|| About Rabbi Adler (a little longer, but worthwhile)
Who is Rabbi Elan Adler?
I was born in Israel, a son of Hungarian Holocaust survivors. At the age of 6 ½, our family moved to America, landing for 2 years in Pittsfield, Massachusetts and then Providence, Rhode Island where my parents, sister, brother and his family still reside. I attended and graduated from the Providence Hebrew Day School and its high chool division, the New England Academy of Torah. It was not yet in vogue in those days to spend a year of study in Israel following graduation, neither did I want to leave Providence. So where does a yarmulke-wearing, Sabbath-observing young man go to college? That’s right, the Dominican-run Providence College, where 95% of the faculty was either a “Father” or a “Sister”, and brother, it was heaven. The faculty and student body treated me with respect and deference, and I appreciated that, at a time when openly Jewish kids on other campuses across the country were attacked or berated. As a transition school between the Orthodox and secular worlds, Providence College was perfect and still has my deep appreciation.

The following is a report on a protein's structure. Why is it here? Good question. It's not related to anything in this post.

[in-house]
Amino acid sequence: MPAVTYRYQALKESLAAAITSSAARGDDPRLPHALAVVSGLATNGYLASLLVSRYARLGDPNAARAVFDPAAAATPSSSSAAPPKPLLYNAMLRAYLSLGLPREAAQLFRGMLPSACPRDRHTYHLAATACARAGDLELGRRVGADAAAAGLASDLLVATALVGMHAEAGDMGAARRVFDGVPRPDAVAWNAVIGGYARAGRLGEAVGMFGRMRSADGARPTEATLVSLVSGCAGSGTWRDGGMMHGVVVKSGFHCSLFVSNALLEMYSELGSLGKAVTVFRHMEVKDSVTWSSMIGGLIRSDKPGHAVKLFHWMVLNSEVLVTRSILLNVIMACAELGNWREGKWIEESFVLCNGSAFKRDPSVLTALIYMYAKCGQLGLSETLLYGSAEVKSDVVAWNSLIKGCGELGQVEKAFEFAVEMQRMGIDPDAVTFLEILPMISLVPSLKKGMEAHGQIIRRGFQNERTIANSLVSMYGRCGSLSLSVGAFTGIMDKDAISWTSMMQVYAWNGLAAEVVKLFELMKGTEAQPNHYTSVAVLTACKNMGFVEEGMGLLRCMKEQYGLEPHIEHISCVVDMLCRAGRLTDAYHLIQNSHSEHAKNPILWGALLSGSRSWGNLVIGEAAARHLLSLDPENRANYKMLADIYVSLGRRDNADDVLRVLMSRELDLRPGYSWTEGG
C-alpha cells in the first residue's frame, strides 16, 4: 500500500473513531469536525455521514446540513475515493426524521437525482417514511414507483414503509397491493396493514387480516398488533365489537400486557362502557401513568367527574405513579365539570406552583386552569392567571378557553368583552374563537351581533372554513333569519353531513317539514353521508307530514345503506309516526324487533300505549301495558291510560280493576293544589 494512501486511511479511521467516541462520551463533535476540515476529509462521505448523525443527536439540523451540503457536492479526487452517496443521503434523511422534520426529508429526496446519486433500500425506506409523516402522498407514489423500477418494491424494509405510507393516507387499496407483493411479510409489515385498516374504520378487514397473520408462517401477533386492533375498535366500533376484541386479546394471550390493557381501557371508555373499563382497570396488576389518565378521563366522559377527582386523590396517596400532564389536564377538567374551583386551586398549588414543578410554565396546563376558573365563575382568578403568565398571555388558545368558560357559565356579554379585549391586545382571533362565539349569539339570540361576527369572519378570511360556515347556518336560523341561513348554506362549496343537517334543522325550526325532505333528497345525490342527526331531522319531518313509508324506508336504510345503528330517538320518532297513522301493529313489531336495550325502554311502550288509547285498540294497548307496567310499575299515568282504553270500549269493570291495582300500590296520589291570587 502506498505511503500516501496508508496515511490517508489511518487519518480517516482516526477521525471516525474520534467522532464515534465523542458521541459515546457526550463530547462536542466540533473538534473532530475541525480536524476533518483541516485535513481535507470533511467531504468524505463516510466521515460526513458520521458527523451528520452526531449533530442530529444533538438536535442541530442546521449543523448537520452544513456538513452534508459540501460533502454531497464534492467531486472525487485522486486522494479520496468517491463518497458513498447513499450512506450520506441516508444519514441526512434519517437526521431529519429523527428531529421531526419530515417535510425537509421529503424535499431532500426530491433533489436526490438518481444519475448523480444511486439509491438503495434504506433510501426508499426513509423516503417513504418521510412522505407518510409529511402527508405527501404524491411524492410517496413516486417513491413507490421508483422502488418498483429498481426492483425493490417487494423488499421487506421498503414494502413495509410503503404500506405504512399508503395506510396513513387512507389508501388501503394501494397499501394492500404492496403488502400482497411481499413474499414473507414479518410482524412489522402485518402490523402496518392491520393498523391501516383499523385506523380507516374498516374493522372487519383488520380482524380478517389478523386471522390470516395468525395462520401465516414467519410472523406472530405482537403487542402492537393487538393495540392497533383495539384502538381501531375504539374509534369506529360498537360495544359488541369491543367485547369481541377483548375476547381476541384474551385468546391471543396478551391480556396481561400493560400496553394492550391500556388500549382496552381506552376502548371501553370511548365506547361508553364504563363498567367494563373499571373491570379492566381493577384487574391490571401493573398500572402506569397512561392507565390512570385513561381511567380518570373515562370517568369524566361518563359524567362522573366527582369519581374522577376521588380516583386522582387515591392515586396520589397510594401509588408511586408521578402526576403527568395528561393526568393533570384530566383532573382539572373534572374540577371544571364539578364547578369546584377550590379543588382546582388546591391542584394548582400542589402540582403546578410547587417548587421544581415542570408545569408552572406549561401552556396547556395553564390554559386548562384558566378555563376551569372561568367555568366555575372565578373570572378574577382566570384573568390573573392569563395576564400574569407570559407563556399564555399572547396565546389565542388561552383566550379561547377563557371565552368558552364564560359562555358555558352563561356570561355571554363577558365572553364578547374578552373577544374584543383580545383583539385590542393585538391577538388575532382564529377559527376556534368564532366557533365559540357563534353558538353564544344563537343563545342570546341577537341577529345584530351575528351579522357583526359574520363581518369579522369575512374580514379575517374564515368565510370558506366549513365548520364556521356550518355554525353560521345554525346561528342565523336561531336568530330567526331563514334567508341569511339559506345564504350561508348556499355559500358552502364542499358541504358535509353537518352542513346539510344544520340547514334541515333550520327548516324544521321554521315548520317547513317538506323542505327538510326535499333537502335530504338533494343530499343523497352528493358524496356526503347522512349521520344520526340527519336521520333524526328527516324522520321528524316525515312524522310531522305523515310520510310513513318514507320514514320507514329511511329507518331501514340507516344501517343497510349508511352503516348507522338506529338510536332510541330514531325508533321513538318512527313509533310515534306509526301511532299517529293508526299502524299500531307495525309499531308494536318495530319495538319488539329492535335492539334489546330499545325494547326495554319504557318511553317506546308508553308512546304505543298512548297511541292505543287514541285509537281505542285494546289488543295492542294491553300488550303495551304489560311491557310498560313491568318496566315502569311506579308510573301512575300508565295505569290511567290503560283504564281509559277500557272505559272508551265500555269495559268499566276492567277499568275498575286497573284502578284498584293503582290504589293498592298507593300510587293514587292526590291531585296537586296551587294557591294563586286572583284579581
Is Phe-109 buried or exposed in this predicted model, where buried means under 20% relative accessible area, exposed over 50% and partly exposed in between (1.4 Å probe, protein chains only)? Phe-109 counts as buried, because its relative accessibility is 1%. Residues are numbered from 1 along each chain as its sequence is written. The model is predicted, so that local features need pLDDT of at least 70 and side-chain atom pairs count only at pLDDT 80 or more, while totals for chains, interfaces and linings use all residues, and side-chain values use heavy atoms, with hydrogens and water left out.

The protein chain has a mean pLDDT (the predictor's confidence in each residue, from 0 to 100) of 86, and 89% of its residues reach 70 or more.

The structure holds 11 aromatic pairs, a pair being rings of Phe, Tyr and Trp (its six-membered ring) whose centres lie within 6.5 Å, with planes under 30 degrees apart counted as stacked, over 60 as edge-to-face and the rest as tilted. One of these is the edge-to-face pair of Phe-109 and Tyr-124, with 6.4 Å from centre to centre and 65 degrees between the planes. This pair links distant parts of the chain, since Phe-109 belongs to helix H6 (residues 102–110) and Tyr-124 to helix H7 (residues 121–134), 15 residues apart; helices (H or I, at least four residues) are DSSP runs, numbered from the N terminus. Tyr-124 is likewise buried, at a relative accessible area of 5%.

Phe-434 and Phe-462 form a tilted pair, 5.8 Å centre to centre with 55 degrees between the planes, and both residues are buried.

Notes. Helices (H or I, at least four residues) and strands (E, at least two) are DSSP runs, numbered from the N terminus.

I served for one year as New England Regional Director of NCSY (National Conference of Synagogue Youth), and then attended and graduated Rhode Island College.
It was on to Yeshiva University in New York’s upper Manhattan to pursue Rabbinic studies. While there, I was inspired by many outstanding Rabbis and personalities, on a campus rich with tradition, faith and excellence. I was blessed to be involved in hundreds of youth programs run by the outreach arm of Yeshiva University (many of those programs with Richard Joel, current President of Yeshiva University), doubly blessed to be the Director of the high school dormitory for 5 years, and triply blessed to be appointed as one of several aides to the world-renowned Rabbi Joseph B. Soloveitchik for two years in the early 1980’s. Now, that’s an experience you don’t forget- setting appointments and welcoming them into Rabbi Soloveitchik’s apartment, helping the Rav to read various Talmudic texts in small print, bring the Rabbi to various functions and meetings on campus, and even flying with him many times to Boston. Those two years at the feet of one of the greatest minds and leaders of the Jewish people was a rare privilege enjoyed by a tiny few, and thank God I was among them.